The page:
Scott Weiland, dead at 48: When I think of the Stone Temple Pilots frontman, I think of the past

The embattled '90s icon passed away in Bloomington, Minnesota, on tour with his latest band the Wildabouts

Published December 4, 2015 3:27PM (EST)

  (AP/Rich Fury)
(AP/Rich Fury)

I woke up and checked my email like I do every morning and there was a message from an editor of another site, asking me to write something about Scott Weiland. This could only mean one thing, since it’s not 1994. I pulled up the news feed and confirmed what I feared. Weiland was dead at 48; found on his tour bus, gone in his sleep.

They didn’t say what killed him, but I already knew, and I’m not necessarily talking about drugs. Time killed him, membership in his aging generation. They were all super jaded (and vain) kids raised by super vain and jaded (mostly) kids and when it came to enjoying a fruitful retirement, many of them had no chance at all.

Of the icons of my generation, there are not as many dead as my parents’ generation and this certainly isn’t some kind of contest, but there are quite a few. Others have simply quieted: the Gallagher brothers, Beck, Courtney, Billy Corgan. We just don’t know what to do with ourselves. We’re just trying to reach our 50s, where there’s not even the memory of youth, and many of us can finally give up the ghost. This is no guarantee, of course. Look at John Entwistle of the Who, dead in a Vegas hotel room in 2002 with strippers and blow. But it increases our odds of dying old and ugly — well, not ugly, but older at least.

Along the way what happens to our bodies and minds astonishes and horrifies us and sometimes it’s easier to simply not look. Weiland was always among the prettiest, the skinniest, the most Bowie-besotted, the most conscious-of-his-rock-star-status rock star. Vanity kills / It don’t pay bills, ABC once sang. I once interviewed Scott for Spin. It was, if you can believe it, via fax (I still have the sheet with his handwritten answers) and he confessed that Bowie was his man, which is ironic since Bowie is probably rock’s greatest survivor and slipperiest character, whereas Weiland only barely escaped the ‘90s as part of the supergroup Velvet Revolver and some STP reunions.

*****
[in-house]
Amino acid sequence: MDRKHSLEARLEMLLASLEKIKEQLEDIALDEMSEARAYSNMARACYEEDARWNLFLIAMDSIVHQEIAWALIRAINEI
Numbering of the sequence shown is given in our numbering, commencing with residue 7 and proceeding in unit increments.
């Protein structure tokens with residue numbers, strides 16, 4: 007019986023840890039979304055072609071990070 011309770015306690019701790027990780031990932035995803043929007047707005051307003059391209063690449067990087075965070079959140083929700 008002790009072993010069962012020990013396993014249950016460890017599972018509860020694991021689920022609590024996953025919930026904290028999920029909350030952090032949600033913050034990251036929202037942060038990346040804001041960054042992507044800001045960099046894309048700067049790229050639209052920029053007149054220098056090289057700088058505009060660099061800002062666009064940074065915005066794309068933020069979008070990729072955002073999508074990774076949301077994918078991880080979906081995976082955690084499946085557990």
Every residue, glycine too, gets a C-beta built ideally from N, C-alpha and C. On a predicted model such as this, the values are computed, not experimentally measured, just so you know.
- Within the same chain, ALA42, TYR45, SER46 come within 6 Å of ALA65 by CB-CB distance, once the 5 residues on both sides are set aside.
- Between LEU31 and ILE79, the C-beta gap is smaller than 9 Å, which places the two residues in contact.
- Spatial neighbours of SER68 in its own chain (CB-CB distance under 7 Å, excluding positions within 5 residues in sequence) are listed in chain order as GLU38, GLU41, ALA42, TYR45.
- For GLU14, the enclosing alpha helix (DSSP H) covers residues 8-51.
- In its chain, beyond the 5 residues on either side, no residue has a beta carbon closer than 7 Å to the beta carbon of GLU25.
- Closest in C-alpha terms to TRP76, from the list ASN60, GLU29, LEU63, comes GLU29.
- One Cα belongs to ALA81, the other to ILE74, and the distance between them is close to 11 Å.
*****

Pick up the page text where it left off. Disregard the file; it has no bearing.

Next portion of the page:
When we think of him, we think of the past, and despite what in any other decade would be considered a very solid run of singles (“Sex Type Thing,” “Plush,” “Vasoline,”)  and at least one standard (“Interstate Love Song”), some still think of him as a poseur. STP wasn’t a “real” band like Nirvana or Soundgarden — they were bandwagon-ers.

I never understood that. What is a “real” band? You close your eyes, you listen to the music. It’s either good or it isn’t. Your hands form the shape of a guitar, or they don’t.

Even I was guilty of STP-related snobbery. I was once in a bar on the Lower East Side with a crowd of rock writers and one of our pals who happened to be a famous guitarist from one of the biggest bands of the ‘90s. We were listening to the jukebox, which happened to have “Purple,” STP’s second album on it. We were trying, bored, buzzed, to come up with the most preposterous statement ever: the kind that would get you into a bar fight. One of us, I can’t remember who it was, said, “Stone Temple Pilots are more important than the Velvet Underground.” We all laughed, because it wasn’t and isn’t true.

But Stone Temple Pilots are more important than “Stone Temple Pilots,” as perceived the snobbier end of my peer pool. Bands form today because they want to be the new Red Hot Chili Peppers or Coldplay (in a way, the STP of their generation — not sonically, but as far as a respect deficit that may or may not be just). I know because I’ve interviewed them, too, the bands 10, sometimes 20 years my junior. They don’t seem to have the same issues as “my” bands, but they’ll come. Nobody can escape them.

Scott Weiland. He almost made it to rock-and-roll-50, which would have, given his chemical history, certainly been some kind of personal or public triumph, or both. Courtney Love did. I think, or hope anyway, that you even out at rock-and-roll-50. You stand a better chance of reaching your personal Neil Young-dom once you navigate through the doldrums and the storms.

I wonder if Weiland, who released a few overlooked, melodic solo albums as well, will get the respect he didn’t have when he was alive. Will death make a star of him again? It doesn't matter. He won't be around to enjoy it, but out of all of them, my generation's perplexed and deceased, he probably would most of all.

6 essential Scott Weiland songs that you should relisten to right now

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By Marc Spitz

Marc Spitz is the author of "Poseur: A Memoir of Downtown New York City in the '90s" (Da Capo Press). His new book on rock and roll cinema, "Loud Pictures," will be released by Dey Street Books/Harper Collins in 2017 Follow Marc Spitz at @marcspitz

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